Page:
World Library  
Flag as Inappropriate
Email this Article

Ibm 7070

Article Id: WHEBN0003343405
Reproduction Date:

Title: Ibm 7070  
Author: World Heritage Encyclopedia
Language: English
Subject: List of IBM products, IBM 700/7000 series, IBM 7080, Punched card input/output, Two-out-of-five code
Collection: 1959 Introductions, Ibm 700/7000 Series, Ibm Transistorized Computers
Publisher: World Heritage Encyclopedia
Publication
Date:
 

Ibm 7070

IBM 7070
IBM 7070 transistor circuit SMS boards

IBM 7070 was a decimal architecture intermediate data processing system that was introduced by IBM in 1958.[1] It was part of the IBM 700/7000 series, and was based on discrete transistors rather than the vacuum tubes of the 1950s. It was the company's first transistorized stored-program computer.[2]

The 7070 was expected to be a "common successor to at least the 650 and the 705".[3] The 7070 was not designed to be instruction set compatible with the 650, as the latter had a second, jump address in every instruction to allow optimal use of the drum, something unnecessary and wasteful in a computer with random access core memory. As a result a simulator was needed to run old programs. The 7070 was also marketed as an IBM 705 upgrade, but failed miserably due to its incompatibilities, including an inability to fully represent the 705 character set; forcing IBM to quickly introduce the IBM 7080 as a "transistorized IBM 705" that was fully compatible.

The 7070 series stored data in a 10 decimal digit plus sign word. Digits were encoded using a two-out-of-five code. Characters were represented by a two-digit code. The machine shipped with 5,000 to 9,990 words of core and the CPU speed was about 27KIPS. A typical system was leased for $17,400 per month or could be purchased for $813,000.

Later systems in this series were the faster IBM 7074 introduced in July 1960[4] and the IBM 7072. They were eventually replaced by the System/360, announced in 1964.

See also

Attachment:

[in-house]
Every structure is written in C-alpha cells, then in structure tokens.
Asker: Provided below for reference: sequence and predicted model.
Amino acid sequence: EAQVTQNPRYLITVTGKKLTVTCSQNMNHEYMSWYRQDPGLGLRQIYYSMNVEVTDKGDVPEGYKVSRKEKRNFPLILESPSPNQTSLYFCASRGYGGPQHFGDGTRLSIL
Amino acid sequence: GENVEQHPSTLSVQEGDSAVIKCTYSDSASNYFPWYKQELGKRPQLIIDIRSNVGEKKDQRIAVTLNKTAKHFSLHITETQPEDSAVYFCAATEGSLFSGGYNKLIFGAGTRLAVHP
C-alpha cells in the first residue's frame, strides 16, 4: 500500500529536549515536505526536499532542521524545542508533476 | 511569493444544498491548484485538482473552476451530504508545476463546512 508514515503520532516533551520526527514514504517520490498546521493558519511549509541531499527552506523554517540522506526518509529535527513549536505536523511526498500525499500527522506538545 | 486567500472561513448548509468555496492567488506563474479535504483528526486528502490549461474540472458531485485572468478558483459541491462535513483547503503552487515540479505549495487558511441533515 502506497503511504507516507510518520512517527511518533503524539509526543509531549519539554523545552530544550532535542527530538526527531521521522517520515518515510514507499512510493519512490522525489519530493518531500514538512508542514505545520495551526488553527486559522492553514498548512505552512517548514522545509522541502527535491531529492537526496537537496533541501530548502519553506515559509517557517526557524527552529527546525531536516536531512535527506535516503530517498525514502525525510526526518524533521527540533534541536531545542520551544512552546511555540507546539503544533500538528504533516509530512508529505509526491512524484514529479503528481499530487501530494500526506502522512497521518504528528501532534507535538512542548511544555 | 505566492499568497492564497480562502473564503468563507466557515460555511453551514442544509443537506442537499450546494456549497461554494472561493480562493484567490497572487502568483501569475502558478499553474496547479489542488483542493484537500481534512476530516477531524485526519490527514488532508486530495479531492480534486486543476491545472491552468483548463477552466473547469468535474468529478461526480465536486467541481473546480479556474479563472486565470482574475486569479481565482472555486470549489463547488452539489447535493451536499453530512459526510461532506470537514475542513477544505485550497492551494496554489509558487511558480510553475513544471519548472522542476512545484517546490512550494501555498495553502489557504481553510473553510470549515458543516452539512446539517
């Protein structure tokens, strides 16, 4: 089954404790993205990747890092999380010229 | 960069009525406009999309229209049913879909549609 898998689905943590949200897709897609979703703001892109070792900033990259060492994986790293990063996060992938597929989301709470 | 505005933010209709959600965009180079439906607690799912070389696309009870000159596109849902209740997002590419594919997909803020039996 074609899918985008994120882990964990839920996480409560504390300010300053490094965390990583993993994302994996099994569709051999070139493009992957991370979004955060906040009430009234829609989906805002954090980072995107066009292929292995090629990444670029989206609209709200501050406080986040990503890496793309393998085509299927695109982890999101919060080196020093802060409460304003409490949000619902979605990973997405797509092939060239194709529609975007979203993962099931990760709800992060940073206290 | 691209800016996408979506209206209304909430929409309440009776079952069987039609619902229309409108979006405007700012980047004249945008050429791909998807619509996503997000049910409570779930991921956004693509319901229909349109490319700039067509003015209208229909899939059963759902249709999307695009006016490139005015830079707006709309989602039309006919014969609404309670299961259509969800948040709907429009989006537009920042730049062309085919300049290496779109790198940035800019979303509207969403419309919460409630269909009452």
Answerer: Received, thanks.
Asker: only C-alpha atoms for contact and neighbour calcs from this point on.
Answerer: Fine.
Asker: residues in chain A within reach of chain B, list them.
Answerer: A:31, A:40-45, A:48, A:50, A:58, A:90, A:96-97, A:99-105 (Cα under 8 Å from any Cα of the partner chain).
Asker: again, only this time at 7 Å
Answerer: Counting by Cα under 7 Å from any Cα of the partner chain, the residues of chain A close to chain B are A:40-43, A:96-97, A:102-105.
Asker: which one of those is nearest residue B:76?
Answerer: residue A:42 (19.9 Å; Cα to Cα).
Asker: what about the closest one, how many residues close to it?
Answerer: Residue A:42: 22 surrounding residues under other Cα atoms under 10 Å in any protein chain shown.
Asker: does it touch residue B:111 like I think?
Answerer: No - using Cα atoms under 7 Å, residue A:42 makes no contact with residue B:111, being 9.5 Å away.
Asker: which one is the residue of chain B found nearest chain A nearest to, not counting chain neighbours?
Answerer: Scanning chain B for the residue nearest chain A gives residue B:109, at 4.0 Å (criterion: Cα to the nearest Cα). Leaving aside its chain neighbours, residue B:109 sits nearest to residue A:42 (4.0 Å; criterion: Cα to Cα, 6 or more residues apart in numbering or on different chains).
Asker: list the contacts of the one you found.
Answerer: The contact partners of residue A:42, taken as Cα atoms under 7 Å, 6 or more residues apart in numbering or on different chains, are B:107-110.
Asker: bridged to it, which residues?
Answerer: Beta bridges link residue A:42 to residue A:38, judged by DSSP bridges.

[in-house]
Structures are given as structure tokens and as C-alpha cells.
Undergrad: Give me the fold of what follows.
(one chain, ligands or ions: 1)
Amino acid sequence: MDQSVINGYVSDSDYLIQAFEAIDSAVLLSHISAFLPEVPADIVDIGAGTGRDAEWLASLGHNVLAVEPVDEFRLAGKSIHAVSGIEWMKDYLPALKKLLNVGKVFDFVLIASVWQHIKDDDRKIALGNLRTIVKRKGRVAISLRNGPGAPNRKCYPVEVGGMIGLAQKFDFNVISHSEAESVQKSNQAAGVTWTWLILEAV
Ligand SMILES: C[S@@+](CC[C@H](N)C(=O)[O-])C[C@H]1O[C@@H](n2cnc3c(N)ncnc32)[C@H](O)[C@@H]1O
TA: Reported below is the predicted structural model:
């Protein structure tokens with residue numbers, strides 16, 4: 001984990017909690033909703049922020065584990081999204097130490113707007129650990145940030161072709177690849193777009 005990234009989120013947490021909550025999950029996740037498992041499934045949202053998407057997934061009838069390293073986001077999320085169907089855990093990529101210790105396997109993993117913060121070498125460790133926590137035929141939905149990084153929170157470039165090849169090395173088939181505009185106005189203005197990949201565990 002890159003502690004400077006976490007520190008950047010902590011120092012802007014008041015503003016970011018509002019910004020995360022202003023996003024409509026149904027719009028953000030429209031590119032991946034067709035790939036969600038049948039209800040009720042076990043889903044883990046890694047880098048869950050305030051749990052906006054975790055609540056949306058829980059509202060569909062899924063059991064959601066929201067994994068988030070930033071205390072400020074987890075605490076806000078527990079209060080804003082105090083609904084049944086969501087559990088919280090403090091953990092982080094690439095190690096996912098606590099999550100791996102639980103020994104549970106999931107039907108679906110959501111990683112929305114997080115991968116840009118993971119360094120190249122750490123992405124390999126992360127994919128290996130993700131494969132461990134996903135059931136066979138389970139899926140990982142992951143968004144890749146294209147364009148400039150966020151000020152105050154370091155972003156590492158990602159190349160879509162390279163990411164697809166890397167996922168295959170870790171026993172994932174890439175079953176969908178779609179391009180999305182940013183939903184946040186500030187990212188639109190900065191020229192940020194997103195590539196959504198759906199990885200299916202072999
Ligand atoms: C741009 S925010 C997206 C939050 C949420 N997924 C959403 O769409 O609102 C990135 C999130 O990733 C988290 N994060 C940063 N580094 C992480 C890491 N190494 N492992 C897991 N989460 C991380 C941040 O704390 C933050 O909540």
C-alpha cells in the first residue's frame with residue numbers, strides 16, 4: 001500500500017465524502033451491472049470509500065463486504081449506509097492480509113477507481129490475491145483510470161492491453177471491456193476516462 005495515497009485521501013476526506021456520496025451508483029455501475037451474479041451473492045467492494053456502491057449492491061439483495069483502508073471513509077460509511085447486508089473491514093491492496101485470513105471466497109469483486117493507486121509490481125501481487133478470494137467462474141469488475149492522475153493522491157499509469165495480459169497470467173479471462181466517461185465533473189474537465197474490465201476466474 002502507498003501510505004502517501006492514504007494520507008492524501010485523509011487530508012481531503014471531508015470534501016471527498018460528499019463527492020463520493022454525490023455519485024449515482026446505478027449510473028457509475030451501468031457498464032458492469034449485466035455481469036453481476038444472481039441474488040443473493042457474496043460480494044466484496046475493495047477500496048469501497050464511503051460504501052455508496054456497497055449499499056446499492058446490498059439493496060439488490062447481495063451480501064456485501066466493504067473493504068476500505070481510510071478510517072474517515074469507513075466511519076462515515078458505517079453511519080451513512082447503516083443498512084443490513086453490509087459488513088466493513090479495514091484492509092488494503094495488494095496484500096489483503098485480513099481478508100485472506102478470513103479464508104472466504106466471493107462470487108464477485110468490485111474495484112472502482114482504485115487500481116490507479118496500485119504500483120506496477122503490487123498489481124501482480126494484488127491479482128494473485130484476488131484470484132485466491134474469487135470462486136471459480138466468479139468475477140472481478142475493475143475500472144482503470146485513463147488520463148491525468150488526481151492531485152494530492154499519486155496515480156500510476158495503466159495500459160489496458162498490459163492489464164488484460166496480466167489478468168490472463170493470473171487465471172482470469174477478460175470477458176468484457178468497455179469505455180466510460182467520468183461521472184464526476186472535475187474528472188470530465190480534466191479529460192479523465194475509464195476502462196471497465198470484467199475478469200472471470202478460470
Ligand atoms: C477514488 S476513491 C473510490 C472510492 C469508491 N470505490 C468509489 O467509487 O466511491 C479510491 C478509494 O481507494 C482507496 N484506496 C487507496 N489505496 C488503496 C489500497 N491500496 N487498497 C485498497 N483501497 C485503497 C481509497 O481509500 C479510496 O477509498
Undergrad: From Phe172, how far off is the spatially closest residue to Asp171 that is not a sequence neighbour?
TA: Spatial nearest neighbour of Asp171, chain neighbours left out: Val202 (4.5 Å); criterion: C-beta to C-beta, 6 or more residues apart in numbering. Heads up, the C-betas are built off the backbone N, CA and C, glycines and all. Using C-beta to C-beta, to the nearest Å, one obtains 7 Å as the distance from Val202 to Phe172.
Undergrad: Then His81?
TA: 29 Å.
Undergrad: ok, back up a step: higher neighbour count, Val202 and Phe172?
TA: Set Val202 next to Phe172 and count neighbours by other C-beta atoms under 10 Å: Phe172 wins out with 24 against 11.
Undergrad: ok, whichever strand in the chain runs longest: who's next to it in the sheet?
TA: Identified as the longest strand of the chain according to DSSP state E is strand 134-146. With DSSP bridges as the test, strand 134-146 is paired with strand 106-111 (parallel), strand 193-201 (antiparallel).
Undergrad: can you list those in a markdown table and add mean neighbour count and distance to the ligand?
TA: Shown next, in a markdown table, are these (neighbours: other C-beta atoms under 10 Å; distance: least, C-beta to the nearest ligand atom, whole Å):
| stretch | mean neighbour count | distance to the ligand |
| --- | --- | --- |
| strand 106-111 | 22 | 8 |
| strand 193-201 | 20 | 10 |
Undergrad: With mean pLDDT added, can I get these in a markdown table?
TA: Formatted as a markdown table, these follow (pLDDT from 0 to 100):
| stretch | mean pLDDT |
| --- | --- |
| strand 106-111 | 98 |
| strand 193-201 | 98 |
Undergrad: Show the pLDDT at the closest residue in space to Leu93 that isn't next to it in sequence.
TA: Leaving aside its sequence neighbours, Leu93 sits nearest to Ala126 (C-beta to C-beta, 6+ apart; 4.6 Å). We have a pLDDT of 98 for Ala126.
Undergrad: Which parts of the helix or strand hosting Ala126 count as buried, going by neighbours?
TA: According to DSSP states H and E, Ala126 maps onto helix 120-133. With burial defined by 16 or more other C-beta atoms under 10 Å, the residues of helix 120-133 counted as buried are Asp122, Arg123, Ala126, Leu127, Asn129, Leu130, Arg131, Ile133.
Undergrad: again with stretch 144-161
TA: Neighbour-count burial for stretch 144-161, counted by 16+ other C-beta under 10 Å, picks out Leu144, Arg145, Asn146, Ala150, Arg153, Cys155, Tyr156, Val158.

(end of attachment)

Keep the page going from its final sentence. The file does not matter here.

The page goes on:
References

  1. ^ Trucks, sheep and the IBM 7070, IBM
  2. ^ Emerson W. Pugh, Lyle R. Johnson, John H. Palmer, IBM's 360 and early 370 systems, MIT Press, 1991, ISBN 0-262-16123-0, p. 50
  3. ^ Bashe, Charles J.; Johnson, Lyle R; Palmer, John H.; Pugh, Emerson W. (1986). IBM's Early Computers. MIT. p. 473.  
  4. ^ "A Quicker Computer Introduced by I.B.M.". New York Times. July 8, 1960. IBM offers speedier 7074 computer to rent for $29,300 a month. 

External links

  • The IBM 7070 Experiences of one user, Tom Van Vleck
  • BIRTH OF AN UNWANTED IBM COMPUTER Computer History Vignettes by Bob Bemer
  • IBM 7070 documentation on Bitsavers.org
  • Dave Pitts' IBM 7090 support – Includes a cross assembler for the IBM 7070/7074
  • Weik, Martin H. (March 1961). A Third Survey of Domestic Electronic Digital Computing Systems: IBM 7070 Section. Ballistic Research Laboratories (BRL). Report No. 1115.  Contains about 10 pages of IBM 7070 survey detail: applications, customers, specifications, and costs.
This article was sourced from Creative Commons Attribution-ShareAlike License; additional terms may apply. World Heritage Encyclopedia content is assembled from numerous content providers, Open Access Publishing, and in compliance with The Fair Access to Science and Technology Research Act (FASTR), Wikimedia Foundation, Inc., Public Library of Science, The Encyclopedia of Life, Open Book Publishers (OBP), PubMed, U.S. National Library of Medicine, National Center for Biotechnology Information, U.S. National Library of Medicine, National Institutes of Health (NIH), U.S. Department of Health & Human Services, and USA.gov, which sources content from all federal, state, local, tribal, and territorial government publication portals (.gov, .mil, .edu). Funding for USA.gov and content contributors is made possible from the U.S. Congress, E-Government Act of 2002.
 
Crowd sourced content that is contributed to World Heritage Encyclopedia is peer reviewed and edited by our editorial staff to ensure quality scholarly research articles.
 
By using this site, you agree to the Terms of Use and Privacy Policy. World Heritage Encyclopedia™ is a registered trademark of the World Public Library Association, a non-profit organization.
 


Copyright © World Library Foundation. All rights reserved. eBooks from Project Gutenberg are sponsored by the World Library Foundation,
a 501c(4) Member's Support Non-Profit Organization, and is NOT affiliated with any governmental agency or department.